Alison launches new courses on R Programming

Posted in Commentary with tags on February 21, 2017 by itnerd

Alison, one of the world’s largest free e-learning platforms, has launched two new courses on popular programming language R. Although R is sometimes seen as a simpler programming language than others, there is a steep learning curve to begin with as it uses a different syntax model to most common languages.

In the US, the average salary for an R programmer is paid between $76,000-100,000, and in the 2014 Dice Tech Salary Survey of over 17,000 technology professionals, the highest-paid IT skill was R programming.

The first course, Introduction to R for Data Science, is aimed at people who have a basic knowledge of data science that they want to expand on. It explains how R is used, and teaches the data structures and types found in R. The second course, R for Data Analysis, moves on to more sophisticated forms of data manipulation, with a strong focus on identifying underlying patterns and predicting trends in data-sets. Check it out today.


Breaking: DHS Employees Locked Out Of Their Networks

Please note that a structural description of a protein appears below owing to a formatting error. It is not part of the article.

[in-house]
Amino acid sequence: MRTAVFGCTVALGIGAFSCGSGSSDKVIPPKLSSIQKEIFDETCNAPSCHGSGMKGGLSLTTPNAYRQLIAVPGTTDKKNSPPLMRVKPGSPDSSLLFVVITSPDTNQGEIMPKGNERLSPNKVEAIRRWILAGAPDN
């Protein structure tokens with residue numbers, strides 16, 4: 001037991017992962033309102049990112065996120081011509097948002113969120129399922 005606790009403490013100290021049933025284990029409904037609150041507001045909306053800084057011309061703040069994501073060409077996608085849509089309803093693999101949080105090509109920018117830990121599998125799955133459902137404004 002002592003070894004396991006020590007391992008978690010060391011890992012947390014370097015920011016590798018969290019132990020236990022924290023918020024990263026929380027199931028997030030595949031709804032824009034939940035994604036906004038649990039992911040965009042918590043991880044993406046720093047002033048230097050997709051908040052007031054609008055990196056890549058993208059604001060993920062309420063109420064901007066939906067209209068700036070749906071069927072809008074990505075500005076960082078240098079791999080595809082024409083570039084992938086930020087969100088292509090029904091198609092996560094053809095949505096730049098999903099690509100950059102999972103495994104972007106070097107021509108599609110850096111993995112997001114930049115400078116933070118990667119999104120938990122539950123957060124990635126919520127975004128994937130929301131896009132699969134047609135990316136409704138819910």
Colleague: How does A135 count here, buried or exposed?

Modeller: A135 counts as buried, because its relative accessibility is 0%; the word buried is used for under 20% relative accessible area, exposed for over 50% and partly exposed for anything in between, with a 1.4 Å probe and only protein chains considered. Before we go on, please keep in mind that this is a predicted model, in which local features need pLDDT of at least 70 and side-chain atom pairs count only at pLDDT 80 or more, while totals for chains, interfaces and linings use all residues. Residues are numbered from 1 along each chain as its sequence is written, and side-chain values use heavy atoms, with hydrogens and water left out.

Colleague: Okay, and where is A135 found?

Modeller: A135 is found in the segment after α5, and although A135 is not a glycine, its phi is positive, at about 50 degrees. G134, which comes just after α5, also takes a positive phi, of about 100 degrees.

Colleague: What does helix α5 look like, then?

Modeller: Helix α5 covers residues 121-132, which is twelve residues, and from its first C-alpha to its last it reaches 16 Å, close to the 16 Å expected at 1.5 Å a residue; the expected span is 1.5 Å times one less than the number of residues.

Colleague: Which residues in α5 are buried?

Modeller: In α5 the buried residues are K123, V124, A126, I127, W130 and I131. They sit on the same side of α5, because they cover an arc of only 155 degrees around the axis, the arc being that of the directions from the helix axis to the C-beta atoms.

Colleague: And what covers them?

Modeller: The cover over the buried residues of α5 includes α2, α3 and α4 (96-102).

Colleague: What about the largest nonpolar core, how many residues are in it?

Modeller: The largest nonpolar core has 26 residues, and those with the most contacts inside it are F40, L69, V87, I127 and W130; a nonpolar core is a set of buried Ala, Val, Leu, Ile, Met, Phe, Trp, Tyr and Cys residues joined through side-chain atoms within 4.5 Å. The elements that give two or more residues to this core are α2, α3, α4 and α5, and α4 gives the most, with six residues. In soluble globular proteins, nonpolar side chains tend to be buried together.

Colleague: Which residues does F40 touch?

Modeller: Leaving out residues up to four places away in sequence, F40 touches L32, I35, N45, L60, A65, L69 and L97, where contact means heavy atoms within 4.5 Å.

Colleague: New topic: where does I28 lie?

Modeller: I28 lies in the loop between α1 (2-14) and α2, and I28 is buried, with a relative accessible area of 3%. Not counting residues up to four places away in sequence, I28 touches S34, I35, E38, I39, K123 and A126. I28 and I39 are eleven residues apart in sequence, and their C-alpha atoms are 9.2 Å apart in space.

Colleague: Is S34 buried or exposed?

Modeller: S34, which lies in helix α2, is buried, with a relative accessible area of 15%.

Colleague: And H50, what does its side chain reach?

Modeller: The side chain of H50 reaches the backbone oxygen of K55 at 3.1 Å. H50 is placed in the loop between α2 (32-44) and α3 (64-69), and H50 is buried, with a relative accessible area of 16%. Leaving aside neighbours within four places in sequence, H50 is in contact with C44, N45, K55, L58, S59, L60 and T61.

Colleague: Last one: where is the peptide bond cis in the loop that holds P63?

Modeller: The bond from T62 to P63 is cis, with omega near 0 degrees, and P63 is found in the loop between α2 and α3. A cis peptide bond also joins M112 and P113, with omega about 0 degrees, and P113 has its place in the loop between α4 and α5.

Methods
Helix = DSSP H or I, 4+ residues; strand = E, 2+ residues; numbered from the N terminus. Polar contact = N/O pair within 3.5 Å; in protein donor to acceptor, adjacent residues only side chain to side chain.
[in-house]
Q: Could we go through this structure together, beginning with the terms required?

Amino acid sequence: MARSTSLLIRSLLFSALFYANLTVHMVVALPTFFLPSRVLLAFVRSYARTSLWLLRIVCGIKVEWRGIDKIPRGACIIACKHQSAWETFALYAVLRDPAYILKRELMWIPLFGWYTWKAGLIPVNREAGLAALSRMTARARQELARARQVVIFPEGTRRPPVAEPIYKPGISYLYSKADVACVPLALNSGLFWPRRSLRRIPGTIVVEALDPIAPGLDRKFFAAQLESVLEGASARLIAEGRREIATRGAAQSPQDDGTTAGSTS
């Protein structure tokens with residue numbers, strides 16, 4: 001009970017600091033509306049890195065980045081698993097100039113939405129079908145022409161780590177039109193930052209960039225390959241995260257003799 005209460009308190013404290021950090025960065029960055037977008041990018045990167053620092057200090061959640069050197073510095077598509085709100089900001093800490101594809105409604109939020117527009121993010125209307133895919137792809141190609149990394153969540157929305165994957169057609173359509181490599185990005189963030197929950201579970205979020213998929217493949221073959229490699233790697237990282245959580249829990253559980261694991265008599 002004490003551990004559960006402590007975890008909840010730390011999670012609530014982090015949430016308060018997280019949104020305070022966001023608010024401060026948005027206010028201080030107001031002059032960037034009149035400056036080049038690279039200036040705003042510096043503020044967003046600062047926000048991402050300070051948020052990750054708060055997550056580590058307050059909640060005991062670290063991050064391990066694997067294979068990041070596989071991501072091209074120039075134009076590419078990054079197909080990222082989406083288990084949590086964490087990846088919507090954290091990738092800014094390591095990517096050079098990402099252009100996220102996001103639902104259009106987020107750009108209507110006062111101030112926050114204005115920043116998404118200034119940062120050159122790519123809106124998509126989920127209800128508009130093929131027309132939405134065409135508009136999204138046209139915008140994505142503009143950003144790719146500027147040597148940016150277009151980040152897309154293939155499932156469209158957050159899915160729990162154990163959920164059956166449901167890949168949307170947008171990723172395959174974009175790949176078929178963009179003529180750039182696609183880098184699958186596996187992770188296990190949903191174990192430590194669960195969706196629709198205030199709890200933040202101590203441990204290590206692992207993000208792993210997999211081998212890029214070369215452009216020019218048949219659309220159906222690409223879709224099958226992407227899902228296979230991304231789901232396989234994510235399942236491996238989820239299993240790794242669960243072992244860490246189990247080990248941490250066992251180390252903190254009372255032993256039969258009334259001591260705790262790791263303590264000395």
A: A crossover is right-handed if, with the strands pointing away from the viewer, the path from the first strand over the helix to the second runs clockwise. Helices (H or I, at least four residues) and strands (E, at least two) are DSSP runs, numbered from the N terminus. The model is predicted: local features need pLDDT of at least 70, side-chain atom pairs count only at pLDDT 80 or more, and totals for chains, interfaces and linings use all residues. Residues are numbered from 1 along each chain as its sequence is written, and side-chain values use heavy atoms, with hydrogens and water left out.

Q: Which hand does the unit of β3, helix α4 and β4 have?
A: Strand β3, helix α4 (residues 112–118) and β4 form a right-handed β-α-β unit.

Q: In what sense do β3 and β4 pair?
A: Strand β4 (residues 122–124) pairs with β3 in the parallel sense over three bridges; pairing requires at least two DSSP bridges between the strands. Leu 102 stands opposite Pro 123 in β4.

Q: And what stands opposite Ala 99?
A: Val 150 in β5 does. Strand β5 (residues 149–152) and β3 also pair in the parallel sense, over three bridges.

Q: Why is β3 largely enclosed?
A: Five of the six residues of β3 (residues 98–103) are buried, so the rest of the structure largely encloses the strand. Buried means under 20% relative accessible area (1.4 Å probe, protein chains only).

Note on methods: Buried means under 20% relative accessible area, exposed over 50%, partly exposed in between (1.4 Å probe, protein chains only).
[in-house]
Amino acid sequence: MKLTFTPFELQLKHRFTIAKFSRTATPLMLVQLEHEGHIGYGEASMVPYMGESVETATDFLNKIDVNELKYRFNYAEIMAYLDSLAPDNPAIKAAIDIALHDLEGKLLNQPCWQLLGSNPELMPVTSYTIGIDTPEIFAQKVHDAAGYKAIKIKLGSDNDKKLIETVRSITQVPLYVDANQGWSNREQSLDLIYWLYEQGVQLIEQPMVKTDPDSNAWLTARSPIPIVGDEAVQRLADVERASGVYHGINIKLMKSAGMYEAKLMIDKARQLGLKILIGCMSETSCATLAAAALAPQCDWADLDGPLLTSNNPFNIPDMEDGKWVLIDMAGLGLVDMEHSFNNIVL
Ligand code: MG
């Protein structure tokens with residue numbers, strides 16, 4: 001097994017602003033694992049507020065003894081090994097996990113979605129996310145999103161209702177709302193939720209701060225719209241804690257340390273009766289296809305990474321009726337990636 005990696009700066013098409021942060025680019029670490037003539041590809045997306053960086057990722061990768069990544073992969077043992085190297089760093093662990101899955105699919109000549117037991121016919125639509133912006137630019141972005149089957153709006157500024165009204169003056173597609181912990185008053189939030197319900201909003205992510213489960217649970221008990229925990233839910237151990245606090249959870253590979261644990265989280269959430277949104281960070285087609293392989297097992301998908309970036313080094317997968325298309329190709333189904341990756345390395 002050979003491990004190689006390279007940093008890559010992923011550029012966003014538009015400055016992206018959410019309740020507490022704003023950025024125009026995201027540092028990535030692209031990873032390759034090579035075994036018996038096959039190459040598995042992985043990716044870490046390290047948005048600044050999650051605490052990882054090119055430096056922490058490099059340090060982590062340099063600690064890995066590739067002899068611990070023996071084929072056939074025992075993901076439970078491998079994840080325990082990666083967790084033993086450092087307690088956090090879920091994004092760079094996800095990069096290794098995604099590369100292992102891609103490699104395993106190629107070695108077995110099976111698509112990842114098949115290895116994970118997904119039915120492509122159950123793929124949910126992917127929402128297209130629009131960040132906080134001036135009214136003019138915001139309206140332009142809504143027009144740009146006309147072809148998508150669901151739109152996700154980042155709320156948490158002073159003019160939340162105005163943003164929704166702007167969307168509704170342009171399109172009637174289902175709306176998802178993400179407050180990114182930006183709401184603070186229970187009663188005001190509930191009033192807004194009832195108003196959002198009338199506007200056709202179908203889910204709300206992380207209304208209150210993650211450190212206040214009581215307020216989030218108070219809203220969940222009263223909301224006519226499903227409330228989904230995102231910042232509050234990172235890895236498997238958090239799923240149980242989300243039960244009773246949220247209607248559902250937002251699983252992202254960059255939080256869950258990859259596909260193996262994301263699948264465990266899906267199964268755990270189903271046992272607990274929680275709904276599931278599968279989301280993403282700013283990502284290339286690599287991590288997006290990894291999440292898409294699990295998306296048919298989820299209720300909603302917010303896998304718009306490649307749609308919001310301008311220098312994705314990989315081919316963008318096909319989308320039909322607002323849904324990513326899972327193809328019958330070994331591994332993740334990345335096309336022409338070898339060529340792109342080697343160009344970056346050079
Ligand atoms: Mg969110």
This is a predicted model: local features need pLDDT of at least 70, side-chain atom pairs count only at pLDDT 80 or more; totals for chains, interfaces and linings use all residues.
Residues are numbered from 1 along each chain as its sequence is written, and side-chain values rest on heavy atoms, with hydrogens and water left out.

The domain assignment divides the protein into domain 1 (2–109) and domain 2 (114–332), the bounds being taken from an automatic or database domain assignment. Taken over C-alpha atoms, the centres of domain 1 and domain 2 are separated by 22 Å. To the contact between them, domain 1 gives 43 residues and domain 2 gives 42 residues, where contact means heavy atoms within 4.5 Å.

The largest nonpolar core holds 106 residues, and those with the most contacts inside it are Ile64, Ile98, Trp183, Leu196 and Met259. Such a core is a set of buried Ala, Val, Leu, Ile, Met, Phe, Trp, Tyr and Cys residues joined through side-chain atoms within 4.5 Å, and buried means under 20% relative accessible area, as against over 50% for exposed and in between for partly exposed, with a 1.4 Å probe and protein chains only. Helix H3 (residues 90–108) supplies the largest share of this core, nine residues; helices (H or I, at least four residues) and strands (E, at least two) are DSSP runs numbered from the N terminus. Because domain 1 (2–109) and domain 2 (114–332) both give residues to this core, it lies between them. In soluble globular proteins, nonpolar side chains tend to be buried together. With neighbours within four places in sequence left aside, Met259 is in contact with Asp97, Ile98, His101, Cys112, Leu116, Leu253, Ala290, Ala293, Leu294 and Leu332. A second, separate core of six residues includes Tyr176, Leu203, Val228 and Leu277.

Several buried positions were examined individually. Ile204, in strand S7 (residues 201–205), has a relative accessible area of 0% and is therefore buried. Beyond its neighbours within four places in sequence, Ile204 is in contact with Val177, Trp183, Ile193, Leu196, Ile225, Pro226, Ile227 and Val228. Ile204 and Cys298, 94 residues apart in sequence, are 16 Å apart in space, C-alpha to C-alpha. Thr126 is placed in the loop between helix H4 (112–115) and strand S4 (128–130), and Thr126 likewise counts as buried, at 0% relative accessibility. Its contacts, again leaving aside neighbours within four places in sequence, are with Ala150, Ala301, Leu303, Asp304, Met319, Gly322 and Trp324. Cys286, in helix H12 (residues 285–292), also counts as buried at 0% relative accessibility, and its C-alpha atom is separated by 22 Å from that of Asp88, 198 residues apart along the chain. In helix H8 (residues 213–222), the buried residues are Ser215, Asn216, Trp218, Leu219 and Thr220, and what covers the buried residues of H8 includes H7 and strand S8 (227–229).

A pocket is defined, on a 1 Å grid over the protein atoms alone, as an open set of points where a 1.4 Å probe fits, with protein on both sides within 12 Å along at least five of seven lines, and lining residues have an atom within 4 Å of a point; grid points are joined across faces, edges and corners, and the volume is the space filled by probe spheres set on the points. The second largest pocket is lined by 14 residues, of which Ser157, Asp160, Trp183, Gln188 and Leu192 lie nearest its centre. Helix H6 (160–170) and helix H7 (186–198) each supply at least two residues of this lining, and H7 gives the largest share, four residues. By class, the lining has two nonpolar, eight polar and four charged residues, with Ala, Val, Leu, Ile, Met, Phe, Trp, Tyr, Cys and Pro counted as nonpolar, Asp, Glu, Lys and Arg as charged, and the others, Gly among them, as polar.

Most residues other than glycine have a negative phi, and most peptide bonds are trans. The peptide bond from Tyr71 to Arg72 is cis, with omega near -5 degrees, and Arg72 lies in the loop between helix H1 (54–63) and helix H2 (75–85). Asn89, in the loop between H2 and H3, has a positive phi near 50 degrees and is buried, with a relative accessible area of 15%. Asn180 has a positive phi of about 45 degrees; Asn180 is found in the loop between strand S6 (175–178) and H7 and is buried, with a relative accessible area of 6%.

Posted in Commentary with tags on February 21, 2017 by itnerd

It’s not clear what’s going on, but news is filtering out that employees of the Department Of Homeland Security are locked out of some of the agency’s networks because their Personal Identity Verification cards are apparently not working:

Employees began experiencing problems logging into networks at 5 a.m. ET on Tuesday due to a problem related to the personal identify verification (PIV) cards used by federal workers and contractors to access certain information systems, one source said. At least four DHS buildings were affected, the source said, including locations used by U.S. Citizenship and Immigration Services.

Another source said the cards did not appear to be responsible. DHS did not immediately respond to requests for comment.

This could be a widespread technical issue, or something more sinister.It isn’t clear which at this point. But this is a story worth watching. As I get more info, I’ll post it here.

Loblaw Resets The Passwords Of ALL PC Points Users For Security Reasons

Posted in Commentary with tags on February 21, 2017 by itnerd

It seems that the hack of the Loblaw PC Points rewards program isn’t going away as every member of the rewards program have gotten e-mails over the weekend that Loblaw has reset their passwords. Meaning that even if they reset their passwords when the hack became public, they’ll have to do it again. Plus the PC Points website has this message communicating the same thing: